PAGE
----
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Supreme Court: No royalties with Internet music downloads
MSN ^ | 10/03/11 | Reuters

Posted on 10/04/2011 3:14:11 PM PDT by TennesseeGirl

The Supreme Court let stand on Monday a ruling that a traditional Internet download of sound recording does not constitute a public performance of the recorded musical work under federal copyright law.

The justices refused to review a ruling by an appeals court in New York that the download itself of a musical work does not fall within the law's definition of a public performance of that work.

The not-for-profit American Society of Composers, Authors and Publishers (ASCAP) appealed to the Supreme Court. It said the ruling has profound implications for the nation's music industry, costing its members tens of millions of dollars in potential royalties each year.(Excerpted) http://www.msnbc.msn.com/id/44761240/ns/technology_and_science-tech_and_gadgets/t/supreme-court-no-royalties-internet-music-downloads/

(Excerpt) Read more at msnbc.msn.com ...


TOPICS: Business/Economy; Crime/Corruption; Government; News/Current Events
KEYWORDS: court; downloads; gypsies; homos; minstrels; music; royalties; worthless
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"ASCAP argued that digital downloads were also public performances for which the copyright owners must be compensated. But a federal judge and the appeals court rejected that argument.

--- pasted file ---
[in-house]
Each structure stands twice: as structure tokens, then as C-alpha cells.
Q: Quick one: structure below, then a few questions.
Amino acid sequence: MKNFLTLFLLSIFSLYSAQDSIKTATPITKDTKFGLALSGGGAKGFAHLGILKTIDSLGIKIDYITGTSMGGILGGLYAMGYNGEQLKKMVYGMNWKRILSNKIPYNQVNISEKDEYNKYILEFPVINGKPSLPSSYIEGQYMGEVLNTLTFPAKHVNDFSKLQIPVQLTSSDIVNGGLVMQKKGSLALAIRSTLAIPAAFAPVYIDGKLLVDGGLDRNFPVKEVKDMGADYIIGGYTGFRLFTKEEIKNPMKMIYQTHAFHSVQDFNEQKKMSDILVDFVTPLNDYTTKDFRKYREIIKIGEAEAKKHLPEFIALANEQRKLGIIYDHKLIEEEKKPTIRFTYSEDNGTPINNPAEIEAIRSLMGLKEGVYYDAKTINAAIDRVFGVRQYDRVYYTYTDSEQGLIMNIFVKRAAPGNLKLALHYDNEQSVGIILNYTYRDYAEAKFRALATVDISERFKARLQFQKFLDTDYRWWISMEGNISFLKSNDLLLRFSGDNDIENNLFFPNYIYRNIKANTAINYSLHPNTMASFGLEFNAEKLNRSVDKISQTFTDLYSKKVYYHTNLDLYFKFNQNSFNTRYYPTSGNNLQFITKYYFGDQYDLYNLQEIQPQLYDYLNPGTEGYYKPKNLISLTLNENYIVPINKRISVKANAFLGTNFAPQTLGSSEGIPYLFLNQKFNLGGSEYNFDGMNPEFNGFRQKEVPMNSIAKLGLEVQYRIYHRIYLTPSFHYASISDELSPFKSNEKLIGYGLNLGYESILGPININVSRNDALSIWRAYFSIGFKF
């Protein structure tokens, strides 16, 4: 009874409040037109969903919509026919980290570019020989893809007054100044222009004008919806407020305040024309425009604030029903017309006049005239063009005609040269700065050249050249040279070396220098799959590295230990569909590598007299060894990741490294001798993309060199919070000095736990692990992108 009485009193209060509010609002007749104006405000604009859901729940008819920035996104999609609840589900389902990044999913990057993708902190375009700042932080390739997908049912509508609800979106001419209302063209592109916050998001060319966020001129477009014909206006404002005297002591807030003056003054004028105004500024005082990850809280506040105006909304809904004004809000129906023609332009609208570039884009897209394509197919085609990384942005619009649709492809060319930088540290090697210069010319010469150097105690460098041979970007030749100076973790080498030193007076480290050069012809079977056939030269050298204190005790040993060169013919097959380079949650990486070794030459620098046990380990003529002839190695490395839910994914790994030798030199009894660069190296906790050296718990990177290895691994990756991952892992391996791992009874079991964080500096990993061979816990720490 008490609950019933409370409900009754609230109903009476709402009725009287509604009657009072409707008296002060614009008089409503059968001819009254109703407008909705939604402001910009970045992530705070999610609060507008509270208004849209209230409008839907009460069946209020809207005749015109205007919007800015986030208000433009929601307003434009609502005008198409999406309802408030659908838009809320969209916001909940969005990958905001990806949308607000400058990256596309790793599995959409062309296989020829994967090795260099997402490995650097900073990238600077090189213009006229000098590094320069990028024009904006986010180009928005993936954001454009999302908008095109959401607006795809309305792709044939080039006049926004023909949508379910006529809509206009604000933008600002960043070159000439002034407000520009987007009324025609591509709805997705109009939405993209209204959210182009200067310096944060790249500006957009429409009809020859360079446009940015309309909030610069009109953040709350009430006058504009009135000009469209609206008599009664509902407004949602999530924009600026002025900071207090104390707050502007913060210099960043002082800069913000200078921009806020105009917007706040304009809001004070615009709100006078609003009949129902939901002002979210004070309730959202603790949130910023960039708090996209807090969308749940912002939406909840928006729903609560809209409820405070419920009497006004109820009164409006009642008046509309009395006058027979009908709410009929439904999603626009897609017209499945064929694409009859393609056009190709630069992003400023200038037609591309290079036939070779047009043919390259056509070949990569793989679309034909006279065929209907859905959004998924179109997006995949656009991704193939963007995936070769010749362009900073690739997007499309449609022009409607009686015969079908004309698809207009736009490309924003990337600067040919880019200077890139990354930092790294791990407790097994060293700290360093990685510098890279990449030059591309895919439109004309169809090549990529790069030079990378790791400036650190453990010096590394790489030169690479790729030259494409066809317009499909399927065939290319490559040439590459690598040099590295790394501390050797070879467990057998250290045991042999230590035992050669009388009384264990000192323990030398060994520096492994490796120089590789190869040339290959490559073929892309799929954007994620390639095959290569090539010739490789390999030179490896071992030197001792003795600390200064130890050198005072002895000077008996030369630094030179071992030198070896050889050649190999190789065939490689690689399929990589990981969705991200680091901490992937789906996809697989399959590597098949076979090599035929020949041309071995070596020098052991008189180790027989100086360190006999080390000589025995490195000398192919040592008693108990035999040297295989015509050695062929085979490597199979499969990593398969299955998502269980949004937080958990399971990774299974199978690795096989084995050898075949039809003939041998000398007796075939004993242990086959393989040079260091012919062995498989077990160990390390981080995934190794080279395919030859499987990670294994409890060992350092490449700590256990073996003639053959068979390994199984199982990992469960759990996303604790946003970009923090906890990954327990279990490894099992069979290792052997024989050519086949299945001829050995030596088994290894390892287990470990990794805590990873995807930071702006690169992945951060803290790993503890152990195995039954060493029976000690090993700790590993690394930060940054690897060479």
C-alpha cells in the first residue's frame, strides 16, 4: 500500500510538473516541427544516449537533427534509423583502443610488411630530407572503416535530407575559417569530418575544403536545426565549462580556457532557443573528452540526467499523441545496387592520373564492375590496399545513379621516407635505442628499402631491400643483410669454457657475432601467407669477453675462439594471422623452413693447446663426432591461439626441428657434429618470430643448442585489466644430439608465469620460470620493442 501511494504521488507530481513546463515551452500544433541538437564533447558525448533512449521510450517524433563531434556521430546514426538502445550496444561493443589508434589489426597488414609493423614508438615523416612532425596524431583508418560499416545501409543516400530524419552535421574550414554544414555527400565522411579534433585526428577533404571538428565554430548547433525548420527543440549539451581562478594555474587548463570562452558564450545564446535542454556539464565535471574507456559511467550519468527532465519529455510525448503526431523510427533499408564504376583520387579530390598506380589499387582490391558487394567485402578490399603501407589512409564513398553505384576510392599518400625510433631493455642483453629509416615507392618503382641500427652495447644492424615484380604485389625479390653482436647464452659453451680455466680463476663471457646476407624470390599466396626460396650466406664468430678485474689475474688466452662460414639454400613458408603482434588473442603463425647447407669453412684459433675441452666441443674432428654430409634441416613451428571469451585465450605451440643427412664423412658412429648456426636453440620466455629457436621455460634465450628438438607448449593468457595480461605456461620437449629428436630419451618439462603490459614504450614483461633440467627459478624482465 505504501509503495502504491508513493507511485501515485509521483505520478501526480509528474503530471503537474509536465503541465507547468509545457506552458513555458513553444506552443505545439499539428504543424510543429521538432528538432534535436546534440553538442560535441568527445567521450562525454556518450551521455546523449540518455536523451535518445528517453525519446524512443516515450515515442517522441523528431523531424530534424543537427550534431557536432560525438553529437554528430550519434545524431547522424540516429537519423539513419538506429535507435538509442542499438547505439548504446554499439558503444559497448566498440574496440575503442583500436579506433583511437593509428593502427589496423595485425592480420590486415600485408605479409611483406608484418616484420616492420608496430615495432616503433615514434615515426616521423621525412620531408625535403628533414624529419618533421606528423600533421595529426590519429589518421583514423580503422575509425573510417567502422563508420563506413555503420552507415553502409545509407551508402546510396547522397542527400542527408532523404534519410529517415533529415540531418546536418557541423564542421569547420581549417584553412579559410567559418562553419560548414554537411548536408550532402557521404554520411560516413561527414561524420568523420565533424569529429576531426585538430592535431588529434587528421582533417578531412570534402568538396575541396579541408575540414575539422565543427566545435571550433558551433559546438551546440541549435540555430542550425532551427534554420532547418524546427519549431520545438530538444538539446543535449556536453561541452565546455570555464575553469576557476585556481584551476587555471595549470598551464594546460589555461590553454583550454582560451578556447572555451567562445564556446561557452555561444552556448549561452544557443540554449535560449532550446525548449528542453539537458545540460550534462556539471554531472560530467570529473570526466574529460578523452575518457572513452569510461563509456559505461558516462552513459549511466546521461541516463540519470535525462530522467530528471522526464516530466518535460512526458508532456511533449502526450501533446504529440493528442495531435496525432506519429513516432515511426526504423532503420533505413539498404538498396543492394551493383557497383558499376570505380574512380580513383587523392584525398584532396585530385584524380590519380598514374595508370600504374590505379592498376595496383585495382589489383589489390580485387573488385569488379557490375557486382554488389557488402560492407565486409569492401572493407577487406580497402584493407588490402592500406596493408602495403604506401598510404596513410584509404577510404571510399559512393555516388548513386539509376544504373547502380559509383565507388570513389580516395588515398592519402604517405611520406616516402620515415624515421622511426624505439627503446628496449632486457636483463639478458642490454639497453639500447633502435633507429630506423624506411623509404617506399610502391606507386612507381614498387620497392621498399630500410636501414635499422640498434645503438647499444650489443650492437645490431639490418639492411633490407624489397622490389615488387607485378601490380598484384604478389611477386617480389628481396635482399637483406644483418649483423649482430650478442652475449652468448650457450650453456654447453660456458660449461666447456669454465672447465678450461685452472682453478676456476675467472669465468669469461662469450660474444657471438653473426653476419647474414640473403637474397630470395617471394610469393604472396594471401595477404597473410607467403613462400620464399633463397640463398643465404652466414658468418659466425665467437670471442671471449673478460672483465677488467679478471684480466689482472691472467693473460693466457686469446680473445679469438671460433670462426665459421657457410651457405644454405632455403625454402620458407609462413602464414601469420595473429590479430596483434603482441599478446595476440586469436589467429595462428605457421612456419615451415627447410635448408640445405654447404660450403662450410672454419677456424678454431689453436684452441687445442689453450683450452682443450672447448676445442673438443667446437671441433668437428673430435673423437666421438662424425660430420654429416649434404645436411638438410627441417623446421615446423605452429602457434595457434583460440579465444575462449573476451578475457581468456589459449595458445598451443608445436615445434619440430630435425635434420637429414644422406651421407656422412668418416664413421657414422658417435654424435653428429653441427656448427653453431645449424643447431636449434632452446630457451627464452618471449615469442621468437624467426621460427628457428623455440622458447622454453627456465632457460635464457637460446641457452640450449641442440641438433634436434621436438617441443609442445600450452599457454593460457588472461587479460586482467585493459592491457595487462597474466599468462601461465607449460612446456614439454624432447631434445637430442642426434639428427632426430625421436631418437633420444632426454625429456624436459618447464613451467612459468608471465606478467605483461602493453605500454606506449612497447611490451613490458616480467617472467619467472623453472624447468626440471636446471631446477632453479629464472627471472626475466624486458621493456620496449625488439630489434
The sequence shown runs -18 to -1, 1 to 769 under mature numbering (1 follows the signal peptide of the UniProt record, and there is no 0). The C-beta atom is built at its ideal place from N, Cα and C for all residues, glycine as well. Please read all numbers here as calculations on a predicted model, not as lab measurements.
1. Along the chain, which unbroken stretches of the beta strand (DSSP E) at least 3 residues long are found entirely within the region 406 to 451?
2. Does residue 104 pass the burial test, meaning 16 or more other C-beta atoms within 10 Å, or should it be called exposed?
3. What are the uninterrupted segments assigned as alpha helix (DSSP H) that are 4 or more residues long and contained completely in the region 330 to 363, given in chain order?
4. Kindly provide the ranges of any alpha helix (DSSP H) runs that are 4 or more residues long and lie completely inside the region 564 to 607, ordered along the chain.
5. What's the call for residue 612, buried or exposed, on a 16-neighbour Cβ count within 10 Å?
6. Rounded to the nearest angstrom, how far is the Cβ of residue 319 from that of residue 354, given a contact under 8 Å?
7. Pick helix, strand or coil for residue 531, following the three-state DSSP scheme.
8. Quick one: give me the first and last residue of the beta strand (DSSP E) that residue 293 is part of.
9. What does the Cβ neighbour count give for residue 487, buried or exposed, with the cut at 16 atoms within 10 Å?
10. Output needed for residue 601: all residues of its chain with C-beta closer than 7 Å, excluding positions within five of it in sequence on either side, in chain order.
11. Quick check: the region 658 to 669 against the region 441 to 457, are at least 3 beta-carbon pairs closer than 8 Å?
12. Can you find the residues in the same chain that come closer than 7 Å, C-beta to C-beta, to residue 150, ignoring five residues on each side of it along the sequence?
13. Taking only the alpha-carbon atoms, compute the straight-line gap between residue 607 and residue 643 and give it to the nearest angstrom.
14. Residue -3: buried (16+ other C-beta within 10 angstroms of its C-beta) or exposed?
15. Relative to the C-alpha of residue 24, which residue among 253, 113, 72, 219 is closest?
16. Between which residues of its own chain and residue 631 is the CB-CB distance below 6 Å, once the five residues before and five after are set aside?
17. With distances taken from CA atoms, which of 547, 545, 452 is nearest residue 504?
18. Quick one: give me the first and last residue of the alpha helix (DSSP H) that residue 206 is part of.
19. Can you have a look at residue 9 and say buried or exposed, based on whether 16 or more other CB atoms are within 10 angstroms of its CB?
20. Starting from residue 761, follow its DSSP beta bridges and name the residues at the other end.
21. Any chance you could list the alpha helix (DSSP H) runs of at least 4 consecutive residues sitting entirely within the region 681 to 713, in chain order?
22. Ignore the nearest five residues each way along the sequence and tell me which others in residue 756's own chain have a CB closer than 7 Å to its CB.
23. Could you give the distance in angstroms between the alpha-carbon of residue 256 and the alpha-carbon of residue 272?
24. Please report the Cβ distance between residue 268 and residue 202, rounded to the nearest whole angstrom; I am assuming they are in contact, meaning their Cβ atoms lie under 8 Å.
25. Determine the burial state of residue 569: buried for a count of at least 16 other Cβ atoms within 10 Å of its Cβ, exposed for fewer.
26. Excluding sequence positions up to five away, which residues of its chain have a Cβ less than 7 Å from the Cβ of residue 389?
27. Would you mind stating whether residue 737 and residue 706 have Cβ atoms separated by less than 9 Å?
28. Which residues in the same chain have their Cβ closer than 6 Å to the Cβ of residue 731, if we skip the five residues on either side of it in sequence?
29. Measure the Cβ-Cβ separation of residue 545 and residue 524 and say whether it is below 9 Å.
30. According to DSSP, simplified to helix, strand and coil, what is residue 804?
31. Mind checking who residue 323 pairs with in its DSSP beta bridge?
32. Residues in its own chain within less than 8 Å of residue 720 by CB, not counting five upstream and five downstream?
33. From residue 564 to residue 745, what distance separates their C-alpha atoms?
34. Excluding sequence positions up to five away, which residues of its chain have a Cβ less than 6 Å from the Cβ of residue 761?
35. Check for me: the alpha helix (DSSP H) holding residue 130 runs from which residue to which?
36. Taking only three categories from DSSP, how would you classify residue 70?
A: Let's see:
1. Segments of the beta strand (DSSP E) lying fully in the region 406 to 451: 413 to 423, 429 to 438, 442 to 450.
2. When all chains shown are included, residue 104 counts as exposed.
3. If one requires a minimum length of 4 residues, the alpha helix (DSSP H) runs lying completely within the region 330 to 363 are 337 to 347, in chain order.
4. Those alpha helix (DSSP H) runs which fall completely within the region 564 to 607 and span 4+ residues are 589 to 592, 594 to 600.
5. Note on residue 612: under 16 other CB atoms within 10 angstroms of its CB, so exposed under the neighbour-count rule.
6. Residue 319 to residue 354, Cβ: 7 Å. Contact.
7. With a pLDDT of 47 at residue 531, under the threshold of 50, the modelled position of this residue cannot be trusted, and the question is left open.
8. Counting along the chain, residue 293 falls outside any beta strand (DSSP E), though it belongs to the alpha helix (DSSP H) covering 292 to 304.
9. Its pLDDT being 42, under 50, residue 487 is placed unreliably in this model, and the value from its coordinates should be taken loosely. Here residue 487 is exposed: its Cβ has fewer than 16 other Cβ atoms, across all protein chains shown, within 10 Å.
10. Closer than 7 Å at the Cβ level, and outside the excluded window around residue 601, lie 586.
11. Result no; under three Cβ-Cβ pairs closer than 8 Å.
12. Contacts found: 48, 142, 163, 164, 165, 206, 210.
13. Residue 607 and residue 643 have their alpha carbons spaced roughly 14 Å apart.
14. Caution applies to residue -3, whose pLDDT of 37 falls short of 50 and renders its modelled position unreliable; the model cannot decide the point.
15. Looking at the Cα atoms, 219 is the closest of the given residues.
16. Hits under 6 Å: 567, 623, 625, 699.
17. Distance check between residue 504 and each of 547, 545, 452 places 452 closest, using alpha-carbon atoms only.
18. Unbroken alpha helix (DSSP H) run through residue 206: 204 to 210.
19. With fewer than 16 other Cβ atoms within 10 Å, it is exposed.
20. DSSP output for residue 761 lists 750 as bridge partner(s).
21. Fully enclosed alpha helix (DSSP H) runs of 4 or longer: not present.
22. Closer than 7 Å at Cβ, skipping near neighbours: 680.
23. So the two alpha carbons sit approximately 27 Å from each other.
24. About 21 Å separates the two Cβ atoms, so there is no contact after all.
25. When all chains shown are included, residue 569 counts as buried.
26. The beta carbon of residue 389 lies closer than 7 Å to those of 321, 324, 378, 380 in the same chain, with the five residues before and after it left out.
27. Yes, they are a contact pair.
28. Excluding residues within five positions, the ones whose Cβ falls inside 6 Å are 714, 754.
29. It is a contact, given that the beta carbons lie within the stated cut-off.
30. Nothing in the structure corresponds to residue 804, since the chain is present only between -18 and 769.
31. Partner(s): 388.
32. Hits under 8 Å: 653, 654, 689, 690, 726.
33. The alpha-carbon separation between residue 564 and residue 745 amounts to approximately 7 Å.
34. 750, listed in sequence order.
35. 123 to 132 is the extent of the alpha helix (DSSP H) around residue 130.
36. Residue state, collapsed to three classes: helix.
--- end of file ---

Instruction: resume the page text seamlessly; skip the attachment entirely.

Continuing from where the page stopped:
At issue was a section of the Copyright Act stating that to perform a work means to recite, render, play, dance or act it either directly or by means of any device or process.

"Music is neither recited, rendered, nor played when a recording (electronic or otherwise) is simply delivered to a potential listener," the appeals court ruled."

1 posted on 10/04/2011 3:14:15 PM PDT by TennesseeGirl
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To: TennesseeGirl

SCOTUS to Napster, all is forgiven?


2 posted on 10/04/2011 3:16:53 PM PDT by NonValueAdded (So much stress was put on Bush's Fault that it finally let go, magnitude 6)
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To: TennesseeGirl

Finally, a bit of sanity in the digital domain...


3 posted on 10/04/2011 3:18:56 PM PDT by bigbob